Take the 2-minute tour ×
Mathematics Stack Exchange is a question and answer site for people studying math at any level and professionals in related fields. It's 100% free, no registration required.

I have a (generalized) Linear Programming problem to solve. I anticipate exactly two equally valid optimizations of my objective function. I would be happy if I could receive both these points; it wouldn't be hard to figure out which one I really want. My question: can standard Linear Programming algorithms be modified to return both points instead of just one? Do they sacrifice their polynomial runtime to do so?

And for extra credit: how, exactly, would we modify these algorithms?

Edit: made the title more relevant to the question

share|improve this question
    
Here is an example of a problem with multiple solutions from the book Linear Programming Methods and Applications: books.google.ca/… –  Emmad Kareem Sep 10 '12 at 1:58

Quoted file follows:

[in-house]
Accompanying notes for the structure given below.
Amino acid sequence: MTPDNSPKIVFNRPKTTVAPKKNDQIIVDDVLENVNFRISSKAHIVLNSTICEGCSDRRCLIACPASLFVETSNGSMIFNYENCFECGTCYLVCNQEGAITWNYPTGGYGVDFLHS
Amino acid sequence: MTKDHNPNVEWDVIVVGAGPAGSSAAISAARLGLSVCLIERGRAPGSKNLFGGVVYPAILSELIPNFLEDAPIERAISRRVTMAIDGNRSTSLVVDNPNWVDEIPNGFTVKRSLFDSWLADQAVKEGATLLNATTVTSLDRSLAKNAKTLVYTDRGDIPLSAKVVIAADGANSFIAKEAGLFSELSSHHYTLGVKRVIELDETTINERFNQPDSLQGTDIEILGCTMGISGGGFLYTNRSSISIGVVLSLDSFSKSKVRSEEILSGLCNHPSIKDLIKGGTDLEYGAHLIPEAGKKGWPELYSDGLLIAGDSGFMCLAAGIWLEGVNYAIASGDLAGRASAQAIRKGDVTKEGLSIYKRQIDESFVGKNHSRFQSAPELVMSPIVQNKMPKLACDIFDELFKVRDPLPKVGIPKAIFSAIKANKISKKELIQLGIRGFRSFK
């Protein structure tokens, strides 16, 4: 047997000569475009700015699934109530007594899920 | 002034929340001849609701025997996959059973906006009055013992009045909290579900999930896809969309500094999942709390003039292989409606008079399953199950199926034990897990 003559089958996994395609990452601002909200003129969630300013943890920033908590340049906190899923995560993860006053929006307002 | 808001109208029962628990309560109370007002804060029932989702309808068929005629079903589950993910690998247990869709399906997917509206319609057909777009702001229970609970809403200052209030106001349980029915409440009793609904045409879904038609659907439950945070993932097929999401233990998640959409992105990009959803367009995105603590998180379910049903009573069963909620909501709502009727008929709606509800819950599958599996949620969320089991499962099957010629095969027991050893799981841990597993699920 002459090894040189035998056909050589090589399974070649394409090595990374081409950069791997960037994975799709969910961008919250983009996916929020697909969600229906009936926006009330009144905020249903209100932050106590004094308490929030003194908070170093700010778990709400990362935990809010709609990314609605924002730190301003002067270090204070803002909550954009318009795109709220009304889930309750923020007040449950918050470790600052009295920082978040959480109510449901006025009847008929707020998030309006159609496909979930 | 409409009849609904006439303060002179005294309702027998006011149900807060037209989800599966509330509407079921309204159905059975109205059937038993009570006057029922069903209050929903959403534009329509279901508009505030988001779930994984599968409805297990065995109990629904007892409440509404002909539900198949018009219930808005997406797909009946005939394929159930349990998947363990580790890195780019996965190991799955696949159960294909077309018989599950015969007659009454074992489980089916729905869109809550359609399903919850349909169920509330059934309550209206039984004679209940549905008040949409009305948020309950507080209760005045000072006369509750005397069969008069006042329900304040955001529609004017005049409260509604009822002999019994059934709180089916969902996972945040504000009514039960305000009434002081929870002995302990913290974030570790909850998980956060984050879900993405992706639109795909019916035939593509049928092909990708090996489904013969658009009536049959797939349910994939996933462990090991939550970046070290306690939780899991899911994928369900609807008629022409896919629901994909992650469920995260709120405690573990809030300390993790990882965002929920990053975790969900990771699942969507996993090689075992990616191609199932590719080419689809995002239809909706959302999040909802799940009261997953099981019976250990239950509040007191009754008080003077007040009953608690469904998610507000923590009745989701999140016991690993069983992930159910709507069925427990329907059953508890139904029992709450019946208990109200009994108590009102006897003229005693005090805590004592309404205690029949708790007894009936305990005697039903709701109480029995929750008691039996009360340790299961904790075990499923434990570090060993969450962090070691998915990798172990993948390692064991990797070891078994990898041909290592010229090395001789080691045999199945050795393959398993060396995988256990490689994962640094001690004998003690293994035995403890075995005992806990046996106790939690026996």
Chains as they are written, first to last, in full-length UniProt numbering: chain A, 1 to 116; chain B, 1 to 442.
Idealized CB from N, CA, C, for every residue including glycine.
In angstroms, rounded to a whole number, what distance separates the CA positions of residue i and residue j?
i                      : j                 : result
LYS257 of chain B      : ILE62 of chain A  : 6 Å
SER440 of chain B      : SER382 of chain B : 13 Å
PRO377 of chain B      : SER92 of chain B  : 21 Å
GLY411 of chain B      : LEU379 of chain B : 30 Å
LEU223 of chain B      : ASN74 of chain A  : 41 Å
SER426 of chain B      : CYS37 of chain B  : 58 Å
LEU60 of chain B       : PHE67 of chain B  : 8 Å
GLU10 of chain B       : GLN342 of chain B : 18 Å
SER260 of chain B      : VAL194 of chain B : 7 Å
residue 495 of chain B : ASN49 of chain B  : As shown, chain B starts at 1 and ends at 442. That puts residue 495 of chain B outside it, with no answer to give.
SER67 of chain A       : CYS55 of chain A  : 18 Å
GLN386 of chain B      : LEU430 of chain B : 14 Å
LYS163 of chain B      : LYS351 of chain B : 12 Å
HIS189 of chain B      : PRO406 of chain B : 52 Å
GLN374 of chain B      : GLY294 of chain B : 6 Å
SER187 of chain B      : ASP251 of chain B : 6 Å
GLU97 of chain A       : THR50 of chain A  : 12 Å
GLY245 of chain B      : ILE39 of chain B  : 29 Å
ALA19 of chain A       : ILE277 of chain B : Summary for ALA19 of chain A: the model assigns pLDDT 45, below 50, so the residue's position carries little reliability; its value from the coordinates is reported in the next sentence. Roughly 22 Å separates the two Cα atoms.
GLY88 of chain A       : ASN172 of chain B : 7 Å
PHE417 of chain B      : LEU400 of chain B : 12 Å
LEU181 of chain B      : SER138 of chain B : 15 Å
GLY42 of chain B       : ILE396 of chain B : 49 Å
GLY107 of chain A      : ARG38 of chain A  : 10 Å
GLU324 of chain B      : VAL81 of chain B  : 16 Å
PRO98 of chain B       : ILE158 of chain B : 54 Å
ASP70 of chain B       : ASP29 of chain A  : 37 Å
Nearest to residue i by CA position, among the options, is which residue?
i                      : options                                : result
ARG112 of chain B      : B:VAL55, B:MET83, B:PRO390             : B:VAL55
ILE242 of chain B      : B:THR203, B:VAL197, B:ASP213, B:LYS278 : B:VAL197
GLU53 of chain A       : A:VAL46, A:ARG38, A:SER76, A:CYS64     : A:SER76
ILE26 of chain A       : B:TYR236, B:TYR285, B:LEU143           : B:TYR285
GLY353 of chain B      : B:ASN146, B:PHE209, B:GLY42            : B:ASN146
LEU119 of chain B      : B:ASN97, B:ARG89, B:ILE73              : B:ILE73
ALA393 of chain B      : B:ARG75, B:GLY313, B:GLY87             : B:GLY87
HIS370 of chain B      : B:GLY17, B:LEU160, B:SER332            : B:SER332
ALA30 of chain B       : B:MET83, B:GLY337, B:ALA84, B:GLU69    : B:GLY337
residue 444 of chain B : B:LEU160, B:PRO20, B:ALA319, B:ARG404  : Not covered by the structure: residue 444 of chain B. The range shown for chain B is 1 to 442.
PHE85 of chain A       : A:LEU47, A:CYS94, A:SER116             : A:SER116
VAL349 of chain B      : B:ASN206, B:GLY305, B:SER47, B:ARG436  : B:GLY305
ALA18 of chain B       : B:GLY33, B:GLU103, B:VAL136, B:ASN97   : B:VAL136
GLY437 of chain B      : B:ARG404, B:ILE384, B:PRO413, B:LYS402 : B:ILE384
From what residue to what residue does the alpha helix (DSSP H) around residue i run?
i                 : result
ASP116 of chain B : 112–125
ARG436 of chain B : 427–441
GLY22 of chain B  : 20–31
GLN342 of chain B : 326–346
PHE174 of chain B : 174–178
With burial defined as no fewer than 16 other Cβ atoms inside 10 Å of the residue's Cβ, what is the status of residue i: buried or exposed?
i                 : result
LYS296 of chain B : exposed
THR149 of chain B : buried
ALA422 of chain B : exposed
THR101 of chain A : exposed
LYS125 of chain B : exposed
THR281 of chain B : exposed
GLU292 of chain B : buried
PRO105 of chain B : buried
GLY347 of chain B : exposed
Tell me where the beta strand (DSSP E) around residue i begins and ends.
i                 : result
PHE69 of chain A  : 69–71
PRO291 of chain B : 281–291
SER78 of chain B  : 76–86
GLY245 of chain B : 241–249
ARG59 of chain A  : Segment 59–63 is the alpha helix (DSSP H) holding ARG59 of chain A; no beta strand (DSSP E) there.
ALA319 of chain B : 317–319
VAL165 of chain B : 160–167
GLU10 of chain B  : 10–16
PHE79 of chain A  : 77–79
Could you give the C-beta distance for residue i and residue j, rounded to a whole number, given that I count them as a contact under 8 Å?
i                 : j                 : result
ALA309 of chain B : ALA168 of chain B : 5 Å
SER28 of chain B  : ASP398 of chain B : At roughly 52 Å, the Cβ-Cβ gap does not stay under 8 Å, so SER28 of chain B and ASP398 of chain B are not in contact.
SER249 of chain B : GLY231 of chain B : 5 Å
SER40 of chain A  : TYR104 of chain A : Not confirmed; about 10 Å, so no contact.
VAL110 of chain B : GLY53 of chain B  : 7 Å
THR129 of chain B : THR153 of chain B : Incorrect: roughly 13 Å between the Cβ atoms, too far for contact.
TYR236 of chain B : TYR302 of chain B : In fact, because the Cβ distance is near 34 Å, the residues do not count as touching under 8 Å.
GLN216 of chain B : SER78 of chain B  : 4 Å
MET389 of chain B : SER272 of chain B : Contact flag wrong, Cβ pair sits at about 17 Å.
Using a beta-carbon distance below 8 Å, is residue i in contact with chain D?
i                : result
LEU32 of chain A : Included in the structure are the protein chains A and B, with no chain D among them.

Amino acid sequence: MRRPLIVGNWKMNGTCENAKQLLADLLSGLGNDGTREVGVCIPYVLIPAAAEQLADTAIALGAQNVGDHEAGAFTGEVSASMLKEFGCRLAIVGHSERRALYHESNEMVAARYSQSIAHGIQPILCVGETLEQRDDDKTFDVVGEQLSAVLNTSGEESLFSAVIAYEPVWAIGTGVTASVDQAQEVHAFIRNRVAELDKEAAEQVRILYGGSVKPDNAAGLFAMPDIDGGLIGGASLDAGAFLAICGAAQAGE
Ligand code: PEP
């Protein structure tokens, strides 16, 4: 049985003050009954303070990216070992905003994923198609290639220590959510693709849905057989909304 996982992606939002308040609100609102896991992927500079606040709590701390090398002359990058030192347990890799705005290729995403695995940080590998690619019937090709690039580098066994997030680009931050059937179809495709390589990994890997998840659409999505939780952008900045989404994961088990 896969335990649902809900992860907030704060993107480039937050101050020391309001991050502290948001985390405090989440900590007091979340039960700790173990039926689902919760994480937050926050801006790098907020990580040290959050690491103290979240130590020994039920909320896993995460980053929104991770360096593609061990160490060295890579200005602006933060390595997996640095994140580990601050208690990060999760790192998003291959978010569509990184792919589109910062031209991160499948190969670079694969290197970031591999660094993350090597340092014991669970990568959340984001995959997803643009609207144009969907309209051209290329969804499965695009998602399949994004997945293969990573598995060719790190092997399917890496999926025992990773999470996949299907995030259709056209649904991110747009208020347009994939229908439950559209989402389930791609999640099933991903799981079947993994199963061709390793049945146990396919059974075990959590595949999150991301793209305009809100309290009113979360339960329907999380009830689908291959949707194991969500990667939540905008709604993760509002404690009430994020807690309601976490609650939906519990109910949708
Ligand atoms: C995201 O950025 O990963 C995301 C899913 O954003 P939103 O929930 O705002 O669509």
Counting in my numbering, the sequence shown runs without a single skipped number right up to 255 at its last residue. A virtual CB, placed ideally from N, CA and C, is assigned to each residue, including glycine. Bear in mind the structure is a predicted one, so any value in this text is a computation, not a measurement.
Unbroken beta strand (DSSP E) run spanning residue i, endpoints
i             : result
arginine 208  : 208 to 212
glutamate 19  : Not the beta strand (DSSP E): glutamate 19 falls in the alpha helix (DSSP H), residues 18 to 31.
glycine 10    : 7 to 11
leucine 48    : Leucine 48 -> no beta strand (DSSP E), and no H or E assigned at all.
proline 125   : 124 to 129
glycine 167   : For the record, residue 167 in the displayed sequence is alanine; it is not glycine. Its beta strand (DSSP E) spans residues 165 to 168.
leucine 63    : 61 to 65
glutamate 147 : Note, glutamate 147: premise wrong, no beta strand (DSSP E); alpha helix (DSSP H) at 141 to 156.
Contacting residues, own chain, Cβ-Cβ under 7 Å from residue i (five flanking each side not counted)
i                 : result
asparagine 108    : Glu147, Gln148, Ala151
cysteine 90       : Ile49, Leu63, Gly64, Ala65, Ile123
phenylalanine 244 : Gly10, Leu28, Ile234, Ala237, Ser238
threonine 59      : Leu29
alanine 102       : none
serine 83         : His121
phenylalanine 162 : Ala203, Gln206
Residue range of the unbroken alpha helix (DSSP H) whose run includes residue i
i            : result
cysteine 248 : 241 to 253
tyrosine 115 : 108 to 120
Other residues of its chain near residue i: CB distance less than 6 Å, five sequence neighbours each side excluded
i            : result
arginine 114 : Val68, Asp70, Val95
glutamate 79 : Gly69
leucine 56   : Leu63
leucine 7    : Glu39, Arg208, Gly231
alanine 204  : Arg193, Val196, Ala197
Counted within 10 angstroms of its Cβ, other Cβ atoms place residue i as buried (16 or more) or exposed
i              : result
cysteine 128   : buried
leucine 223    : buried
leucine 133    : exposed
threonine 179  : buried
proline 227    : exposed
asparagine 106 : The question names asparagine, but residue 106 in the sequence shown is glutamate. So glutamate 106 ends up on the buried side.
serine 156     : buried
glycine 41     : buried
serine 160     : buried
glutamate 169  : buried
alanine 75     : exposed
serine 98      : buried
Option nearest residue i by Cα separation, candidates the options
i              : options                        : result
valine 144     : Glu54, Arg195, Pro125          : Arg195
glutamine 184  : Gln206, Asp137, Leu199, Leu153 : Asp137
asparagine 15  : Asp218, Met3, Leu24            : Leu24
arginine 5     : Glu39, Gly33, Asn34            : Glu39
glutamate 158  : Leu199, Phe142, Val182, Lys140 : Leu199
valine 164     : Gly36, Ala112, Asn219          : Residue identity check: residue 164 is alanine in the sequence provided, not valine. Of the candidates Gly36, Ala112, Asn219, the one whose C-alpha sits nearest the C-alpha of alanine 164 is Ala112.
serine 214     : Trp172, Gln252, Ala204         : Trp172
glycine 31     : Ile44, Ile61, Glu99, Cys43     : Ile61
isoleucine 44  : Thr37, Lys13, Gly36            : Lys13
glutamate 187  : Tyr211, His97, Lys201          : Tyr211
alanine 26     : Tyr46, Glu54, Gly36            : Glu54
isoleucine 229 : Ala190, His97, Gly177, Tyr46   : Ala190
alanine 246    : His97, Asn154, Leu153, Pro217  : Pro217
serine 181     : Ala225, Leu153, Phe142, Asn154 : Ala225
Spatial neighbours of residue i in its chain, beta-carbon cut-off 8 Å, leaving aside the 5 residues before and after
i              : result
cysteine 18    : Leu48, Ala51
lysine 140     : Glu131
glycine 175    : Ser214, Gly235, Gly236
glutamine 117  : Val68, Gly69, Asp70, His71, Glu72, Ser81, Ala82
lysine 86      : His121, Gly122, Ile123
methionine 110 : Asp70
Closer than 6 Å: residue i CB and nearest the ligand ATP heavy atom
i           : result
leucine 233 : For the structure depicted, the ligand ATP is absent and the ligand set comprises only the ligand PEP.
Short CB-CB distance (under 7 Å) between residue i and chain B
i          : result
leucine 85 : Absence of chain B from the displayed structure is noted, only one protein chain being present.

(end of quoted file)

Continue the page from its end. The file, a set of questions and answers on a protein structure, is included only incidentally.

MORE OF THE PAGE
1 Answer 1

up vote 2 down vote accepted

For a linear programming problem, the set of optima is always a convex polyhedron. Therefore, if there are two optimal solutions, then the line segment connecting these solutions is also optimal. I am therefore a bit surprised to read that you expect exactly two optima.

In general, if there are multiple solutions, there is no telling which one will be found. If there is more than one and you want to find all the corner solutions, you could perturb the objective function (randomly, just a little). This should give you corner solutions of the original problem, with probability 1.

share|improve this answer

Your Answer

 
discard

By posting your answer, you agree to the privacy policy and terms of service.

Not the answer you're looking for? Browse other questions tagged or ask your own question.